Tomorrow I will tell you that last week at Sig I got to shoot alongside Terry Doe. Terry is a former champion field target competitor, and I am a former down-in-the-weeds FT shooter on a good day. But, shooting on the same range with Terry while others were watching made me focus! When I try, I can sometimes rise to mediocre, and even as high as adequate, with luck.
Some of Terry’s pixie dust was apparently still on me for today’s test. I actually outshot myself from a year ago! Who says a cheap whine(r) doesn’t age well?
I shot off a rest at 25 yards, using open sights. The rifle has been lube-tuned (see last year’s test) and the trigger adjusted to be light but not that definite on stage two. I shot 10 shots with each pellet. I also tried a couple pellets I have never tested in this rifle, just to mix things up a little.
I am using the artillery hold because the FWB 124 is known for being sensitive to hold. To shoot it well use a loose hold that allows the gun to move the way it wants to. My off hand was almost at the end of the cocking slot, by the forearm tip.
First up were RWS Superpoints. Shot one hit the 10-ring, so I never looked through the spotting scope (Meopta 10X42 binoculars) again. After 10 shots I walked down to replace the target and was pleased to see a 0.984-inch group, with 9 of them in 0.628-inches. I was off to a good start and the sights seemed to be zeroed for this pellet.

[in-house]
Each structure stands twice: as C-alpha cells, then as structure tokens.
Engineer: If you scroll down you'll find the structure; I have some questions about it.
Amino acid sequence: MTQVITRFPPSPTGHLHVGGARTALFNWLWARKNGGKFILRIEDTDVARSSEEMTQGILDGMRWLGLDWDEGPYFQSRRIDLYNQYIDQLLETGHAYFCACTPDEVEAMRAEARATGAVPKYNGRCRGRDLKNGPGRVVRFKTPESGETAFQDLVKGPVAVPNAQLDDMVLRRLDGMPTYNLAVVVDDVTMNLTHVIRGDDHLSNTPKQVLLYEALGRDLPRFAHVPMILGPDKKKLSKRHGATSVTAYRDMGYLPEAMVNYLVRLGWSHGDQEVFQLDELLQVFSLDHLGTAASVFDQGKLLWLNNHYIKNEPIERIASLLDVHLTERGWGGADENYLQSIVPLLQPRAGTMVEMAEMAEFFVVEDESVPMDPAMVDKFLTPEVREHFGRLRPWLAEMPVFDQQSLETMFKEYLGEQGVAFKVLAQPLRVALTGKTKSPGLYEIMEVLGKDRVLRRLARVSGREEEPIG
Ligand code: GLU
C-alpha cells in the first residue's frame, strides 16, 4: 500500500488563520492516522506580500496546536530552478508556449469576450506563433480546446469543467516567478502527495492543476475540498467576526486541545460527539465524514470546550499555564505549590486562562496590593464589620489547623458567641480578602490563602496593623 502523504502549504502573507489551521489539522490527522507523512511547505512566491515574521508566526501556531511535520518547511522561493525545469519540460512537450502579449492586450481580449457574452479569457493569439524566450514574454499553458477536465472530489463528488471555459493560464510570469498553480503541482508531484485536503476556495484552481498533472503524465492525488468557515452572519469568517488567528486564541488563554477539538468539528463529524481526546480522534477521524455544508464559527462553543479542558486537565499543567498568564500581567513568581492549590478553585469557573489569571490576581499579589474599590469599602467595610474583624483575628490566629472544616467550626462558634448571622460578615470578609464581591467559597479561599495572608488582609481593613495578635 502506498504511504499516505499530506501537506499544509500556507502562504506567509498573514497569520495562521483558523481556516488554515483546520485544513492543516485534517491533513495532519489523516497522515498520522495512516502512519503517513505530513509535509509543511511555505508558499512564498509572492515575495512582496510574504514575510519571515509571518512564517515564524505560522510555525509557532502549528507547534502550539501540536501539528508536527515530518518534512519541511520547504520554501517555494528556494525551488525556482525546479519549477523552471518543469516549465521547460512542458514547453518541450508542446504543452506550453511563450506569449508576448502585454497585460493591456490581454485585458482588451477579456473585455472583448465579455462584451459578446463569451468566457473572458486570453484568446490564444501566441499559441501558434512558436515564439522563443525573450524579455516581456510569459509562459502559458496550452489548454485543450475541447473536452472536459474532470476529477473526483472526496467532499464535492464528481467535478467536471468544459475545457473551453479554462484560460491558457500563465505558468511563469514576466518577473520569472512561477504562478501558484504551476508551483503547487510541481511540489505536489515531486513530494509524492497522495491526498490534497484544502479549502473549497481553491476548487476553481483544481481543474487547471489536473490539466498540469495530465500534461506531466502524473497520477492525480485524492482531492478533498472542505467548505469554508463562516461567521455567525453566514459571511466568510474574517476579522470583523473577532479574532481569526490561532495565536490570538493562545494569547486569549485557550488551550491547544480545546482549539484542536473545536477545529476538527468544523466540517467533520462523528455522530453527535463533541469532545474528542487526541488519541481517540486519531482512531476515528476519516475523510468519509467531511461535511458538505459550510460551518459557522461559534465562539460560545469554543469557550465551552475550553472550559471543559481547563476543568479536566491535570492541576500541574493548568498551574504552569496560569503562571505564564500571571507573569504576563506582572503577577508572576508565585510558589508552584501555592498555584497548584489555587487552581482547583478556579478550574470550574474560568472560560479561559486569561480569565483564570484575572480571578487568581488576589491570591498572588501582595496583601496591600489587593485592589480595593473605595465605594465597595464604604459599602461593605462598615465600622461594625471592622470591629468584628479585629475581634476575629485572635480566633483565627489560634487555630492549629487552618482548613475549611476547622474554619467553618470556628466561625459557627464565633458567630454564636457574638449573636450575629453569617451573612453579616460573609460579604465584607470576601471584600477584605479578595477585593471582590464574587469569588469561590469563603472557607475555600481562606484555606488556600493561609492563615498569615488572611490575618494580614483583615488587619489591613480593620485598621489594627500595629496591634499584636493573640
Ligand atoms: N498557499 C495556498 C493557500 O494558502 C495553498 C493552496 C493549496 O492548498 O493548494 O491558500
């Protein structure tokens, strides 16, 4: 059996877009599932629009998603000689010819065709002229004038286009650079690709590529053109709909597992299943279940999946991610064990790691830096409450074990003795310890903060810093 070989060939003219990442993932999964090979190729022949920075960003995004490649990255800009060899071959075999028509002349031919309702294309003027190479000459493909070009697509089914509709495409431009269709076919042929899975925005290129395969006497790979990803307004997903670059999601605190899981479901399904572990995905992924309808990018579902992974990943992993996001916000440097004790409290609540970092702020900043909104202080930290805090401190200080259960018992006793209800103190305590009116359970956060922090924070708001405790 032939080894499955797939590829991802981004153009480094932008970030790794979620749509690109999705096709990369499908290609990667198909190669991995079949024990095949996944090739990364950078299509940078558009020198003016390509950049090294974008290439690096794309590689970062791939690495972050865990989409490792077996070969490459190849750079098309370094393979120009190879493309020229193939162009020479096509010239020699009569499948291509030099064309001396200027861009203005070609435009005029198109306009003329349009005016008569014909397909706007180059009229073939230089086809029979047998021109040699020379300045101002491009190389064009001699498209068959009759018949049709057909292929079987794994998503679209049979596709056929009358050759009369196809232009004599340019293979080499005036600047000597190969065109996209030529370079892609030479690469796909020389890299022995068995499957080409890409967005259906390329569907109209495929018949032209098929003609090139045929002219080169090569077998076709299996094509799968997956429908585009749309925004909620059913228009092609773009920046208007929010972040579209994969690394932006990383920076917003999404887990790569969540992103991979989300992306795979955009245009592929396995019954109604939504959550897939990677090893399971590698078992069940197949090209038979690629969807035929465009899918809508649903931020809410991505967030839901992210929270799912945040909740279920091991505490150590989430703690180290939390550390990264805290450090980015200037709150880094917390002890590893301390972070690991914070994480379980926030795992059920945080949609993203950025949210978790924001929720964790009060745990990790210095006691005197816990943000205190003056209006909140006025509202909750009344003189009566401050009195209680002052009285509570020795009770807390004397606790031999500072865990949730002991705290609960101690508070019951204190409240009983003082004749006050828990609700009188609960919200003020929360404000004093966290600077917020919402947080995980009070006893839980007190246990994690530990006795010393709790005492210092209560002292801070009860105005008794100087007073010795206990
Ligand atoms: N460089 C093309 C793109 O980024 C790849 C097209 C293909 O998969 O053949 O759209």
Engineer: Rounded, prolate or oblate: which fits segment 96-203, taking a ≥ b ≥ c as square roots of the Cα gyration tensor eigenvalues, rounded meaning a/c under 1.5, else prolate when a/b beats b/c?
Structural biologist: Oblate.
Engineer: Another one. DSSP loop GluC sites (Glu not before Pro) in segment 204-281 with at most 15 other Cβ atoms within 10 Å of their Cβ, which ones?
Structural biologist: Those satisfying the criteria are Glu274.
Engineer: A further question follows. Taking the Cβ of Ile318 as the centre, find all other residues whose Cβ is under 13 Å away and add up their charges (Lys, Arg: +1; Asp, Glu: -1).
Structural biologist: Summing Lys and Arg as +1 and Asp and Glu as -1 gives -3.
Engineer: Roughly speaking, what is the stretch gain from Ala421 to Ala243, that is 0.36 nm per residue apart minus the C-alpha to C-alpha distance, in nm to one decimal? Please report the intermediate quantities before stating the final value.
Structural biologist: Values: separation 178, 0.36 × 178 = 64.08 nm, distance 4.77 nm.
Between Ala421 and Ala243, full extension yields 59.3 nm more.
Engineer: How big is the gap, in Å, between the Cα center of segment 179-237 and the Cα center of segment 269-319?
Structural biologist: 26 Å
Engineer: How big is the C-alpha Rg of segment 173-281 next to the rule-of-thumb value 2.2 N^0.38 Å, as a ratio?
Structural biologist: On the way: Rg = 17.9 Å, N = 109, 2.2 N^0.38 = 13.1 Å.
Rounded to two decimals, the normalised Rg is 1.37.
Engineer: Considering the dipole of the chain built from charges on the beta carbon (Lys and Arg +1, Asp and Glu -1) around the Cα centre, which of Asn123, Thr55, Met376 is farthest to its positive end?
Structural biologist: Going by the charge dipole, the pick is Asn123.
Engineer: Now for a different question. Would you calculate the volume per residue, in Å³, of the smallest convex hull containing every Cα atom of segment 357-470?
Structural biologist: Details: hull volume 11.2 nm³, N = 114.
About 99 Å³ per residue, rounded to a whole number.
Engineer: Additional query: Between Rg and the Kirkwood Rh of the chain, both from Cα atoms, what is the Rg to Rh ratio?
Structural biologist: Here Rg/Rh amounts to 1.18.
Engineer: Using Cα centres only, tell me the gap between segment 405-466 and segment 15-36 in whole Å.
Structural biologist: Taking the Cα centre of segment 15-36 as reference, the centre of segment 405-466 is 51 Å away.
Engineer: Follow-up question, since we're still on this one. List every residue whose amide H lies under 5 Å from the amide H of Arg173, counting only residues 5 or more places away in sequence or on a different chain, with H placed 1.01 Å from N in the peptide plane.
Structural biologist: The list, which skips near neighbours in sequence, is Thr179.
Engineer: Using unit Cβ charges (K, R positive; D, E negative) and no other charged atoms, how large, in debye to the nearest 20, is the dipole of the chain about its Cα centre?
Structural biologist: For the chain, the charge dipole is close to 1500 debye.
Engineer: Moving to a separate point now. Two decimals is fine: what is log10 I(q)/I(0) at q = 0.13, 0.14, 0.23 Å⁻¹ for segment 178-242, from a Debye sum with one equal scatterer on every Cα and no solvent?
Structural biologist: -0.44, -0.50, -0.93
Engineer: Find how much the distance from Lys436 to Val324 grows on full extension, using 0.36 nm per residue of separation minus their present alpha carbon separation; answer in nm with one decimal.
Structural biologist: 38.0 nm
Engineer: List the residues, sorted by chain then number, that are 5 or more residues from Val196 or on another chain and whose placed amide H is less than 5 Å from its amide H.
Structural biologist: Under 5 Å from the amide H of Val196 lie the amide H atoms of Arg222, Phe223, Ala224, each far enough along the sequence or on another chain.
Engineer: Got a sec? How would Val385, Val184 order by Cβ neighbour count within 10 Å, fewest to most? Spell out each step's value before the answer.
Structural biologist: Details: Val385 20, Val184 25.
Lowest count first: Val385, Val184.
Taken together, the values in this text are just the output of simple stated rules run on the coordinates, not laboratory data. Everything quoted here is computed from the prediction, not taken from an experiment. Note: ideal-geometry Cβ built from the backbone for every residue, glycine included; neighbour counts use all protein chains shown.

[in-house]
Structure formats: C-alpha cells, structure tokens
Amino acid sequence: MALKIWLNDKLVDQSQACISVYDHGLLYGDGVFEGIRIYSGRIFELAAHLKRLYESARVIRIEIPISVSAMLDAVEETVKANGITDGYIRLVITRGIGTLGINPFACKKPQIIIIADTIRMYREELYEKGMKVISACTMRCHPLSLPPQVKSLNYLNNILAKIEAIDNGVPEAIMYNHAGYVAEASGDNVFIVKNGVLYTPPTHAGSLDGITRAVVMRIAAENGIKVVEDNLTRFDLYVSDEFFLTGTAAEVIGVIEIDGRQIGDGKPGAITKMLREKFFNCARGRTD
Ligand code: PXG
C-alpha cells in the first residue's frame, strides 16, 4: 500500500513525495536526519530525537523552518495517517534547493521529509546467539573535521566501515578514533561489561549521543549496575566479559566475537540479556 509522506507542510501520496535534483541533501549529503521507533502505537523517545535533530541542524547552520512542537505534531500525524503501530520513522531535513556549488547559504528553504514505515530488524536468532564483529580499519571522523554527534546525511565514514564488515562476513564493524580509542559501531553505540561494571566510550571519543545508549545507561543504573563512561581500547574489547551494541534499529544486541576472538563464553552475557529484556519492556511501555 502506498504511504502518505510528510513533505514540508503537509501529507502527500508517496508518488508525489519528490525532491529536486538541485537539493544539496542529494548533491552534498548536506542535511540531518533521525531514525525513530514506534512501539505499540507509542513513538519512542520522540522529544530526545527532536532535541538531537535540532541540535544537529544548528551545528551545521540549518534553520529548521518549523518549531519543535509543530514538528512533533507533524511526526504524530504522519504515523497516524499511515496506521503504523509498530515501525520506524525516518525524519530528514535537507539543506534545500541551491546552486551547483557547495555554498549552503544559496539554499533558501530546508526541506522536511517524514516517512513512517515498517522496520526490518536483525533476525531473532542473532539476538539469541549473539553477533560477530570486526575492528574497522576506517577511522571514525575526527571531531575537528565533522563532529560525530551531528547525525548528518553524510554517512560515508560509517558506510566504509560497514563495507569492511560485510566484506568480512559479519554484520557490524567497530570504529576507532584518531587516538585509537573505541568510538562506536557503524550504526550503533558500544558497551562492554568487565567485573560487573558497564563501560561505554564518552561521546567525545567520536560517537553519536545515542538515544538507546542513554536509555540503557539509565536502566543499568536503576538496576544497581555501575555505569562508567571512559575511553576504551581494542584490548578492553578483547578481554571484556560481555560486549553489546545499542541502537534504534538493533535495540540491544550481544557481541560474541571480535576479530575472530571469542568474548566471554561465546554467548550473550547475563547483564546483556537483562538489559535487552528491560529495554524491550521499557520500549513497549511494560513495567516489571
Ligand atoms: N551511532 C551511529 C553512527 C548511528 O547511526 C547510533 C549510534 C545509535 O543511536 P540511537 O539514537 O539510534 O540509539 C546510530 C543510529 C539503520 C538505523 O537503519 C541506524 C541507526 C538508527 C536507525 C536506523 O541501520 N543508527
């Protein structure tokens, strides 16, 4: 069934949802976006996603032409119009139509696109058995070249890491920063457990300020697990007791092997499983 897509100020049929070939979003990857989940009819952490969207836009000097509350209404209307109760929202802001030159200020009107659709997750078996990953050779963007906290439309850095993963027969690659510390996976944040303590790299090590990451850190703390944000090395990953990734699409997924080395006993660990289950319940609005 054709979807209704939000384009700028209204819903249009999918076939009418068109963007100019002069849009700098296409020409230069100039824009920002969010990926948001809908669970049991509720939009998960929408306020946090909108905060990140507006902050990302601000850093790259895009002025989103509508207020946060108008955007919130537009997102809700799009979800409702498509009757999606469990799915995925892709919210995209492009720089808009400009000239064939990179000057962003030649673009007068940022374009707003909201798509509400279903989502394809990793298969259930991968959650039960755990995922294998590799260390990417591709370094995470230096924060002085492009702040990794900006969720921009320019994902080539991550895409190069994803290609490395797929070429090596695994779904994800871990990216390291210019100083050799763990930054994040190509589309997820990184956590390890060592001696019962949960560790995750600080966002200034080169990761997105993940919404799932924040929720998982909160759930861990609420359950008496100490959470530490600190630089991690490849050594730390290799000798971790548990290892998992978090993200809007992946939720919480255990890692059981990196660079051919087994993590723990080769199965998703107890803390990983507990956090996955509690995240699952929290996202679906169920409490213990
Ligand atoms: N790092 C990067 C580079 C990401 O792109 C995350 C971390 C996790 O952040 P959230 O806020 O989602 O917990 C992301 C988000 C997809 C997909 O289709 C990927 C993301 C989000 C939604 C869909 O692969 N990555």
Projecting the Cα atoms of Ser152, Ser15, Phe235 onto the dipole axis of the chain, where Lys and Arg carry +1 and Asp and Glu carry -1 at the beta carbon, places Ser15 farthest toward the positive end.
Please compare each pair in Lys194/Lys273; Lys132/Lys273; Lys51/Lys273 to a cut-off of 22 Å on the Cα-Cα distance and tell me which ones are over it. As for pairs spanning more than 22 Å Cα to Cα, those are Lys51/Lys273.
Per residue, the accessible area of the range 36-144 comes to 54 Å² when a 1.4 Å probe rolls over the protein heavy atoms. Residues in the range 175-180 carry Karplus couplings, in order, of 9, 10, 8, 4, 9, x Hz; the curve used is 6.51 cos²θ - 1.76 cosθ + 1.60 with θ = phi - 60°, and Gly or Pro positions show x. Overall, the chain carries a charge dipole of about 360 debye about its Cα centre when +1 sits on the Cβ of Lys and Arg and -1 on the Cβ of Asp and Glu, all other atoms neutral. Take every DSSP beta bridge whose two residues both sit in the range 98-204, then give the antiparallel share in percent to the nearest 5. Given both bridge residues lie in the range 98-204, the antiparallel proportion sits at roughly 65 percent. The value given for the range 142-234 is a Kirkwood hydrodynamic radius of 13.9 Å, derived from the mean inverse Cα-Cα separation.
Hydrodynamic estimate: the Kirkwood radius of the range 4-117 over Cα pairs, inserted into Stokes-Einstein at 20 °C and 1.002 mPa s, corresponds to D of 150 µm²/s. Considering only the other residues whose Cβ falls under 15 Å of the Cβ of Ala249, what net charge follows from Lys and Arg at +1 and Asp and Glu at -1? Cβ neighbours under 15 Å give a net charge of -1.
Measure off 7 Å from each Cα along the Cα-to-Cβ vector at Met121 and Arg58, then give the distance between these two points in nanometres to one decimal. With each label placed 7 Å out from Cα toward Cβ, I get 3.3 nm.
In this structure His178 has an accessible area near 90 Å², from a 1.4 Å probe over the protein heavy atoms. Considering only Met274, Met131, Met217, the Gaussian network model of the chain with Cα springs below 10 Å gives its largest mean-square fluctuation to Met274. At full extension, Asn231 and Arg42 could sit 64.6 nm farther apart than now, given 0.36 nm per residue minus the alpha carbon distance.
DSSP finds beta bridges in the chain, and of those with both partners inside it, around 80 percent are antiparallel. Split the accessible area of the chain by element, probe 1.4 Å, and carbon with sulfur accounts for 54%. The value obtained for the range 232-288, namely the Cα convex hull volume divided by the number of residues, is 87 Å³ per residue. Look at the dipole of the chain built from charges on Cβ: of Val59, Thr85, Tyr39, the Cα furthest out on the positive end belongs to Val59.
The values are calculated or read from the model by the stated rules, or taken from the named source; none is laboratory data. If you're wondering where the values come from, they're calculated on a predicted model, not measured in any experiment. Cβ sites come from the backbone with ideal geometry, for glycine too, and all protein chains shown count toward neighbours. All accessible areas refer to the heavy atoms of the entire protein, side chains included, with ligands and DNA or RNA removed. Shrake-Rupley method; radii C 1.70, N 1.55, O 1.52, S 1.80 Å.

JSB Exact RS
Next to be tested were 10 JSB Exact RS pellets. While I hadn’t shot Superpoints in this 124 before, I knew these JSBs were very accurate from the previous time I tested the rifle. Last year I put 10 of them into 0.889-inches at 25 yards with open sights. This time 10 went into 0.82-inches at the same distance. That’s pretty consistent for two tests done a year apart! This was the most accurate pellet of this test. And, once again, 9 pellets hung together in 0.703-inches.
The next pellet I tested was the RWS R10 pistol target wadcutter. These loaded very tight in the 124’s breech and 10 made a group that measures 1.181-inches between centers. Nine of them are in 0.859-inches.
What’s up with the lone “flyer”?
First off, in each of the three targets above that lone pellet is not a real flier. I am certain it’s either an aiming error or a holding error. I’m guessing the hold, because the 124 is well-known for being twitchy. Yes, I was wearing glasses to see the front sight clearly.
H&N Baracuda Match with 4.50mm head